11. ^ Tyler, Patrick E. (17 February 2003). "A New Power in the Streets". The New York Times. Retrieved 30 April 2013.
  12. ^ Andrew Orlowski, Anti-war slogan coined, repurposed and Googlewashed... in 42 days, The Register, 3 April 2003
  13. ^ "Google washes whiter".
  14. ^ Kevin Heisler. ""Googlewash" Is Googlewashed by Online Reputation Defenders". Search Engine Watch.
  15. ^ a b Vance, Ashlee (12 June 2010). "In the Singularity Movement, Humans Are So Yesterday". The New York Times.
  16. ^ Smith, David (17 August 2008). "Google, 10 years in: big, friendly giant or a greedy Goliath?". The Observer. London. Retrieved 30 April 2013.
  17. ^ Mistakes Techno Utopians Make: Fantasy Politics and the Disappearing Social December 2004
  18. ^ "Are the creative industries losing the PR battle on legislative reform? | M magazine: PRS for Music online magazine M magazine: PRS for Music online magazine – PRS for Music Online Magazine". M magazine. 5 February 2013. Retrieved 30 April 2013.
  19. ^ Orlowski, Andrew (7 September 2004). "Wikipedia 'to make universities obsolete'". The Register. Retrieved 23 December 2021.
  20. ^ "Trust me, this is the last word. No, this is". Times Higher Education (THE). 13 May 2005. Retrieved 22 December 2021.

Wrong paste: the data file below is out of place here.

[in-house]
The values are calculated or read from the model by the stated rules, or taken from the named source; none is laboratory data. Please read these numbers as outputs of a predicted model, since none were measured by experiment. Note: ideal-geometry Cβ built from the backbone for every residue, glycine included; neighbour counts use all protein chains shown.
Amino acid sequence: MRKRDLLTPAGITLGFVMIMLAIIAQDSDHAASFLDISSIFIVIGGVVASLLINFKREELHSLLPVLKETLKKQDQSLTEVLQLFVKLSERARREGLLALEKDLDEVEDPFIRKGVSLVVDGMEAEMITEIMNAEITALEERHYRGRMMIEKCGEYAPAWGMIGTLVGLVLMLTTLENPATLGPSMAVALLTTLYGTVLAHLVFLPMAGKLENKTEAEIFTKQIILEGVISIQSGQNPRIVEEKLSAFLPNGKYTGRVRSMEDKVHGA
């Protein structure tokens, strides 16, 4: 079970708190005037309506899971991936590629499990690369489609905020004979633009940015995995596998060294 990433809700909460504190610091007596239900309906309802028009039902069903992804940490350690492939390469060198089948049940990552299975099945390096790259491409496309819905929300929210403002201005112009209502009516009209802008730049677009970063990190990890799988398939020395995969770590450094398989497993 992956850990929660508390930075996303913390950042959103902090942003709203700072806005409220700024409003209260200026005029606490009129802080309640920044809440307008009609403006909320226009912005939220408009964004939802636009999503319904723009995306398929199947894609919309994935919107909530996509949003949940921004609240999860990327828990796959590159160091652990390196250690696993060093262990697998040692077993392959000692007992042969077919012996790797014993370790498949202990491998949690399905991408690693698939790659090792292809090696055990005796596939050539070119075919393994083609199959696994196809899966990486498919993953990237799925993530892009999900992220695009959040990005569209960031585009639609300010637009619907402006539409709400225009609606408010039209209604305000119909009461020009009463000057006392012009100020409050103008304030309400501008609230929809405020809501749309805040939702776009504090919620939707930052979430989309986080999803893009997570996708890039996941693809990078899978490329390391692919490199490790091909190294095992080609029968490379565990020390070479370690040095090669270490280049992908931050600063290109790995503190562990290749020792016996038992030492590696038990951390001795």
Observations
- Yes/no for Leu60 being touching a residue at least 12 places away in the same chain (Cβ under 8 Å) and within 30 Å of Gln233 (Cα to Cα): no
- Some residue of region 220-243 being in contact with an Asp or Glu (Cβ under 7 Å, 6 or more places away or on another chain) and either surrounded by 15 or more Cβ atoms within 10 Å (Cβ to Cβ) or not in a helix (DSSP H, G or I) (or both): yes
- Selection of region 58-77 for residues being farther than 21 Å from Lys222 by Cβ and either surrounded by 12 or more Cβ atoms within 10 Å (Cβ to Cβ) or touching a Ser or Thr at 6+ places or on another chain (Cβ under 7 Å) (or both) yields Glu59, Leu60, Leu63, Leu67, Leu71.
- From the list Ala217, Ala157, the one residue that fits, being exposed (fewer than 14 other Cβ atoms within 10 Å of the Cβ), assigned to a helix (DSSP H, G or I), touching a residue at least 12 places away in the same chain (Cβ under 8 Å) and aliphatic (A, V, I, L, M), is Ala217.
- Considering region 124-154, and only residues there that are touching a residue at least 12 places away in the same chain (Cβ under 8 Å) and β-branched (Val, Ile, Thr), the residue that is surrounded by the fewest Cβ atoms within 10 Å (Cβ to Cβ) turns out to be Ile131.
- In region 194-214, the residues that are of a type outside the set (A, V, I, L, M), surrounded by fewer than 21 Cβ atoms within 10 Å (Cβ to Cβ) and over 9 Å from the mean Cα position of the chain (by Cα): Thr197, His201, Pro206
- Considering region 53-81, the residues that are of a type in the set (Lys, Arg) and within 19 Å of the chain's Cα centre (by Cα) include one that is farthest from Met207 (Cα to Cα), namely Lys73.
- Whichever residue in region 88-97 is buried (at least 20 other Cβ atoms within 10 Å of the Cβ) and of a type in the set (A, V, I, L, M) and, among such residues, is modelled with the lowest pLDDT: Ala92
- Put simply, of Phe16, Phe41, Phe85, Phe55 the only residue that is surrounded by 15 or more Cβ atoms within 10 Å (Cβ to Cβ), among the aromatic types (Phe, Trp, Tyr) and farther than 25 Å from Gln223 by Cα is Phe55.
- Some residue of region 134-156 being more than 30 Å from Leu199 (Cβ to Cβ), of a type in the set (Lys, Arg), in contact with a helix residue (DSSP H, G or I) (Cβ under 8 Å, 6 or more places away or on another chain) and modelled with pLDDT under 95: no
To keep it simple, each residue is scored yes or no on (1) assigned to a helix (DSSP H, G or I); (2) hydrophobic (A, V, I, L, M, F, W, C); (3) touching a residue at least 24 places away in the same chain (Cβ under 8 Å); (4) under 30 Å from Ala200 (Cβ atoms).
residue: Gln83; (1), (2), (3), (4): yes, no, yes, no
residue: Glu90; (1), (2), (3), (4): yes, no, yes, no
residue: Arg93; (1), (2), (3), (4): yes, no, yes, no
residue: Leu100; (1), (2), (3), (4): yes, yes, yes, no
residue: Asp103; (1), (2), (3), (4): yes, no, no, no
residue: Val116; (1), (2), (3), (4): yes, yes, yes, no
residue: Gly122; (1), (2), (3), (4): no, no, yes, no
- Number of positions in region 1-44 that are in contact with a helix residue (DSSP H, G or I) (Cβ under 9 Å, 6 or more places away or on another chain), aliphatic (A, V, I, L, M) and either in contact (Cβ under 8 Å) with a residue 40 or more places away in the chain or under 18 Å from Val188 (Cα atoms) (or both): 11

21. ^ Salas, Randy (7 November 2005). "web search; What's wrong with Wikipedia?". Star Tribune. Archived from the original on 11 October 2013. Retrieved 2 October 2012. – via HighBeam Research (subscription required)
  22. ^ "Wikipedia: magic, monkeys and typewriters".
  23. ^ Thompson, Bill (16 December 2005). "What is it with Wikipedia?". Retrieved 23 December 2011.
  24. ^ Orlowski, Andrew (27 May 2021). "You think the BBC is biased? Check out Wokepedia". The Daily Telegraph. Archived from the original on 27 May 2021. Retrieved 31 May 2021.
  25. ^ Orlowski, Andrew (20 December 2021). "Wokepedia's greed makes a mockery of the season of giving". The Telegraph. ISSN 0307-1235. Archived from the original on 23 December 2021. Retrieved 23 December 2021.